Baseball New Zealand
by Sean Callahan 25 May 2007
Although Baseball is considered the national sport of the United States, there are now over 100 countries playing the Olympic Sport worldwide, with more than 12 million participants.
Auckland, New Zealand was host to one of the first baseball games played in the Southern Hemisphere. On Dec 10th, 1888 a team of All-Stars, led by promoter Albert Spalding, began a world tour with their first games played in Hawaii and New Zealand before heading to Australia, Ceylon, Egypt and eventually England. The first game was played at the Auckland Domain between the Chicago Club and a team of US All-Stars. During the week that followed local cricket players and other interested locals were included in further competitions with the touring teams.
Baseball has existed at various times throughout the country since that first game in 1888. But it wasn’t until 1989 that a formal New Zealand Baseball Association was formed which consisted of mainly senior players from the Auckland area. In 1995, youth baseball was introduced to Auckland and has been competing during the summer months since then.
In 2003, the Canterbury Baseball Club was formed in Christchurch fielding both youth and senior teams. During January 2004 the first Canterbury-Auckland tournament was held and in January 2006 a National Championship was held between the two regions to crown champions at all age grades.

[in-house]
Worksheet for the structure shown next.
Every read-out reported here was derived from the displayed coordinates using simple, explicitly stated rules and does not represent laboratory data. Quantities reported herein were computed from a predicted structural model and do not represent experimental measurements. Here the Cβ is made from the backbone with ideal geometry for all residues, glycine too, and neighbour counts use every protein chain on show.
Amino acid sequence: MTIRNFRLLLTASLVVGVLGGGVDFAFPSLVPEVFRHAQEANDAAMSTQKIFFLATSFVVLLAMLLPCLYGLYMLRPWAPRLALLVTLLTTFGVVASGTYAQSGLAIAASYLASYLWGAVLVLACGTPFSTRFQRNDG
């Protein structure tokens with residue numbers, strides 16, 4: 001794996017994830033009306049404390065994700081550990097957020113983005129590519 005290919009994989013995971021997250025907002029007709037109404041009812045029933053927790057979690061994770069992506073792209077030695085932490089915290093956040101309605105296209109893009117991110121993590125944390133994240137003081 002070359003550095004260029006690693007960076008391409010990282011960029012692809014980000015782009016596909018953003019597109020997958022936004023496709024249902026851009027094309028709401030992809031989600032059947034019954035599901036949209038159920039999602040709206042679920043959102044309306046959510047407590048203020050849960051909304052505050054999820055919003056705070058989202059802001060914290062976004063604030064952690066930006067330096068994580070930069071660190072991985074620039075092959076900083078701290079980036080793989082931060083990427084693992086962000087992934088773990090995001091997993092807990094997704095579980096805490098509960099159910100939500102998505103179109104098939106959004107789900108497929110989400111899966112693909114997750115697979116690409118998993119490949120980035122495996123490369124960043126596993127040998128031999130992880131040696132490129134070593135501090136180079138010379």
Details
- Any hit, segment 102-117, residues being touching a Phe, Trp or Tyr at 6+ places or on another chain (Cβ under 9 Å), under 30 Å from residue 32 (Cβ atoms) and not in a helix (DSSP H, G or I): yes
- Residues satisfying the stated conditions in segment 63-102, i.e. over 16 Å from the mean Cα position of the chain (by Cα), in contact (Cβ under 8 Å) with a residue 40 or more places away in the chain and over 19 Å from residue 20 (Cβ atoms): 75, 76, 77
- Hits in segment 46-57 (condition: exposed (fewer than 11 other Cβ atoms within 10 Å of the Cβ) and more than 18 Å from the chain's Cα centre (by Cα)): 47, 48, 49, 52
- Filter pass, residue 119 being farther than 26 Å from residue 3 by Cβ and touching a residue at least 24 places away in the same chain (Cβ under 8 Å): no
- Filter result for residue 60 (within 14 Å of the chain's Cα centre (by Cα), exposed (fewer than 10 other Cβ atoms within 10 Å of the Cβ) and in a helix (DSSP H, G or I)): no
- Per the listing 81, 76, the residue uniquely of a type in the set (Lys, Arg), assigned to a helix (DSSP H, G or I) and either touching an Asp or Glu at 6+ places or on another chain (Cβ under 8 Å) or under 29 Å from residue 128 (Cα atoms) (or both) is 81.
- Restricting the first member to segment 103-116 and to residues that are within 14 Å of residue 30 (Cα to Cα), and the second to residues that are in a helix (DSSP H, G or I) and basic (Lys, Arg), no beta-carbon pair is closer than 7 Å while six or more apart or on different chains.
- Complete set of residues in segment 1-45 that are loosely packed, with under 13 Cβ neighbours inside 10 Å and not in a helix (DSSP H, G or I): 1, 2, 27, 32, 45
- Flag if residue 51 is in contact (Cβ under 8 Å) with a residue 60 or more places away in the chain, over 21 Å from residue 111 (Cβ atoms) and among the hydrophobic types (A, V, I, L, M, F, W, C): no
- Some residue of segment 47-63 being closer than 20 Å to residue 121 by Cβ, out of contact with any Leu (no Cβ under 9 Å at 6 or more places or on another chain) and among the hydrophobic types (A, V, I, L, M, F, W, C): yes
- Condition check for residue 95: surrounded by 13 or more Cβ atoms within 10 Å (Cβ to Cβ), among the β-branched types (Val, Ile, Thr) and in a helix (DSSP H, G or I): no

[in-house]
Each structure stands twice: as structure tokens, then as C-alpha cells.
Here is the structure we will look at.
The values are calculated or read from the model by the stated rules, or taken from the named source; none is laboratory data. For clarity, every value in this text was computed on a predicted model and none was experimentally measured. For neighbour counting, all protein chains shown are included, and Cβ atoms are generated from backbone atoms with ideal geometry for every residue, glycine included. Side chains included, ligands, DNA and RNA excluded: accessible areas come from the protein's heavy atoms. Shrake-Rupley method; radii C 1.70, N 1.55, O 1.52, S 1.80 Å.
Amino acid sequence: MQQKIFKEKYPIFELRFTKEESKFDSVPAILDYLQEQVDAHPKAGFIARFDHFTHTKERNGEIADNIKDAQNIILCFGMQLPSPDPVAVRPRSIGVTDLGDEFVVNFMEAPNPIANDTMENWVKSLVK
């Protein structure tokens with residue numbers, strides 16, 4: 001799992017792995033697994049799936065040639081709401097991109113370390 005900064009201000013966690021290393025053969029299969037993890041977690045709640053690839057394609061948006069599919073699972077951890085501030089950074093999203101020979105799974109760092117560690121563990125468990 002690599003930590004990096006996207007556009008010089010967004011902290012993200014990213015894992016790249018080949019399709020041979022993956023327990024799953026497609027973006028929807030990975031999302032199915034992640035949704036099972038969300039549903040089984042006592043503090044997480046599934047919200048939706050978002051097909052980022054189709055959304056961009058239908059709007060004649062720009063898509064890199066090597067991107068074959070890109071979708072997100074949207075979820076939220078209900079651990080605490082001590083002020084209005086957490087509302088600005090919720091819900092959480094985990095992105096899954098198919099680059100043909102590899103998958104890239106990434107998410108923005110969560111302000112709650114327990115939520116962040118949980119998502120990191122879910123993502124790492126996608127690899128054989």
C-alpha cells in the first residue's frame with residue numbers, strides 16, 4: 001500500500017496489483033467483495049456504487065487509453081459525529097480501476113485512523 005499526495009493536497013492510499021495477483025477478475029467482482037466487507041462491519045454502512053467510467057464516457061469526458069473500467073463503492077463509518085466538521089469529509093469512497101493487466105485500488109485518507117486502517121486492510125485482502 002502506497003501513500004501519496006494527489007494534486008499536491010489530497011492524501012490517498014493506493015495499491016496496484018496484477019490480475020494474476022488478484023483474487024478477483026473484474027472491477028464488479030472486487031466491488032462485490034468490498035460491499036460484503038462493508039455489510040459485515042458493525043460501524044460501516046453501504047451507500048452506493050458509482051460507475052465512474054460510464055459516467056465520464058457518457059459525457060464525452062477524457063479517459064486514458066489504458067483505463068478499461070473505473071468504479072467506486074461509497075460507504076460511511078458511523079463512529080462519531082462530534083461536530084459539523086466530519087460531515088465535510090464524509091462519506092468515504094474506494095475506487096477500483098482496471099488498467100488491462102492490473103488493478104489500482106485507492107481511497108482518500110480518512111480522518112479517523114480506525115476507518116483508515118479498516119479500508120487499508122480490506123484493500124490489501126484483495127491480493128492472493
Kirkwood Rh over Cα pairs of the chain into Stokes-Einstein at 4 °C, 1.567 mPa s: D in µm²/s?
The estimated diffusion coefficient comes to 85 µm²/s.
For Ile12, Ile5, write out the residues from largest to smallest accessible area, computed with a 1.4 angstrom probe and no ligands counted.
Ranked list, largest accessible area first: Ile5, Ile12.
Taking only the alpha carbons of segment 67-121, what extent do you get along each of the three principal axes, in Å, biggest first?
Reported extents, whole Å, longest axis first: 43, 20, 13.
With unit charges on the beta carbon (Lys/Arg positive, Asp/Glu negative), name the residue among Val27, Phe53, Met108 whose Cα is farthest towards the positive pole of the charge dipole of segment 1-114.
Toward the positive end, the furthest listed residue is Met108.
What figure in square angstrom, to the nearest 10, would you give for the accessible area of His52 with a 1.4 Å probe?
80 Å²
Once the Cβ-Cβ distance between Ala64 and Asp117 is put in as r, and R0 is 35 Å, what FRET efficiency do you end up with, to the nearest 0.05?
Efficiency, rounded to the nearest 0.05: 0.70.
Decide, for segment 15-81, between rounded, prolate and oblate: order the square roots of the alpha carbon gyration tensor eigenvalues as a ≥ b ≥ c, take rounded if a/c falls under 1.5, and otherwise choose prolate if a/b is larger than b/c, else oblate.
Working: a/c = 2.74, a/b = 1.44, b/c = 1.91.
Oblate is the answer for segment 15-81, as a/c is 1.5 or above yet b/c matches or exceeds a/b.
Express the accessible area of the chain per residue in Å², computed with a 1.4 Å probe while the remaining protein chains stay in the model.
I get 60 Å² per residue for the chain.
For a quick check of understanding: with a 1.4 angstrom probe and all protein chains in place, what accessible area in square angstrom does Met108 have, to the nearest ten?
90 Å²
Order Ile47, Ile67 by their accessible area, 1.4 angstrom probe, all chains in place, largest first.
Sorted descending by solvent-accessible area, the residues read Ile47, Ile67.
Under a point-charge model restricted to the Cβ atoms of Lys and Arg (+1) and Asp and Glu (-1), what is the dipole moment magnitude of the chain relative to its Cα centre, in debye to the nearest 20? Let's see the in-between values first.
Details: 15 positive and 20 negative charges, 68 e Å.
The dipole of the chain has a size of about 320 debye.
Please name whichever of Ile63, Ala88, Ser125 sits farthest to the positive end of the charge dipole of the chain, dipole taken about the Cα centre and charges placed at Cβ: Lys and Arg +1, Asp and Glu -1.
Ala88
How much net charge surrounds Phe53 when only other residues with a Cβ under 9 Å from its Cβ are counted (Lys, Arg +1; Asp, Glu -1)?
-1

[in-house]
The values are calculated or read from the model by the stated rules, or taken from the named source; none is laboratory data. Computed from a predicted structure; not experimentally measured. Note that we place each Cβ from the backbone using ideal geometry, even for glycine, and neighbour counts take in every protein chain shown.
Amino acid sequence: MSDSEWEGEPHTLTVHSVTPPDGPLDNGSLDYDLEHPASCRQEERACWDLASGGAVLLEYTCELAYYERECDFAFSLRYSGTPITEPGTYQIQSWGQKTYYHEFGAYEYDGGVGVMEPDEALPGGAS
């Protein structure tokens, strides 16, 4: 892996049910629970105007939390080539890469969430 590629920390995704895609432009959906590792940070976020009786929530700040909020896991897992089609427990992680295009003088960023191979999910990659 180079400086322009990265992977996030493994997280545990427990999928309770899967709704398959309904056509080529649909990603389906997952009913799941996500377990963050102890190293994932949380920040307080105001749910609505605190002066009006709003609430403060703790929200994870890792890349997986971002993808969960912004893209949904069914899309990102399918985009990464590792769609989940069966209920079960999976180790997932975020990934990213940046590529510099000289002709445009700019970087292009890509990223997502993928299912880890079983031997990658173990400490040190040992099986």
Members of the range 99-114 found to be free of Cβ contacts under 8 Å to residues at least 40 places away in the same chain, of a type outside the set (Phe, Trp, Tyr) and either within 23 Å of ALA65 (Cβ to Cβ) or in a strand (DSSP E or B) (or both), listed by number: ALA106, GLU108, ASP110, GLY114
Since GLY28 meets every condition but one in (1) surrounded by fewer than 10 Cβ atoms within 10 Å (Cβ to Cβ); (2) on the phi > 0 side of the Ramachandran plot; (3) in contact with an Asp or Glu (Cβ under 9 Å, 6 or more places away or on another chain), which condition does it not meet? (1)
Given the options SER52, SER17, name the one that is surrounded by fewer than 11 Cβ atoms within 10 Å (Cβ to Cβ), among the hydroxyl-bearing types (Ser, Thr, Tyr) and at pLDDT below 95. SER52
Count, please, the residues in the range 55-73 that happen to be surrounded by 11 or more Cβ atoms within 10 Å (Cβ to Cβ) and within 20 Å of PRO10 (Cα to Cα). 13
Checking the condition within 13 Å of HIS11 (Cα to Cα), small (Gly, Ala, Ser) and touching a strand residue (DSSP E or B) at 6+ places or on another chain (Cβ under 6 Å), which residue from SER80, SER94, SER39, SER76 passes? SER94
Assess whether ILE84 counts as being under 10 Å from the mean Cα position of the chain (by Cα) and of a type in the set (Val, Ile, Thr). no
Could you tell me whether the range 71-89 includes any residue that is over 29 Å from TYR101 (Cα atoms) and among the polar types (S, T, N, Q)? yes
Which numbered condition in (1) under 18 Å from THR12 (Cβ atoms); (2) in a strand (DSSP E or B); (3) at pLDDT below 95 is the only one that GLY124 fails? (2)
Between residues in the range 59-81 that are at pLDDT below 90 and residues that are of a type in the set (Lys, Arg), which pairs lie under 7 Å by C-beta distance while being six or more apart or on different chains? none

With the development of youth Baseball, or Little League, New Zealand now sends teams overseas on a regular basis in the Little League, AA, AAA and senior age grades. The New Zealand senior team plays in the Australian Provincial Championships, which they hosted in 2006.
In recent years, New Zealand has watched players leave for post secondary education in the United States where they pursue baseball along with their studies. In 2006, after three years in college and university, Scott Campbell was drafted out of Gonzaga University by the Toronto Blue Jays in the 10th round of the Major League Baseball free agent draft. In the 2006 season, he played for the short-season A Auburn Doubledays, in the Toronto Blue Jays organization, where he was named MVP.
Campbell was the first New Zealander drafted into professional baseball, but other Kiwis have signed free-agent contracts and played professionally. Most notably of this group to date was Travis Wilson who spent eight years as a professional in the Atlanta Braves and Cincinnati Reds minor league organizations. A more recent signee was Daniel Lamb-Hunt who signed with the Atlanta Braves in 2005.
In the past, New Zealand Baseball sent its most promising 16-18 year olds to the Major League Baseball Australian Academy Program in Gold Coast, Australia. At the academy players would compete with many of the best youth baseball players in the region. A majority of the players attending this academy went on to play baseball in US colleges and universities or signed contracts with MLB clubs.
Beginning in 2005, New Zealand became host to a regional training center organized by the Baseball Confederation of Oceania. This academy hosts players from all baseball federations in the Oceania region for a 10 day period over the summer.
New Zealand Baseball has already been approached to start baseball in the Whangarei and Wellington regions and plans are underway to develop Baseball throughout the country.
Editor: Greg Wolfe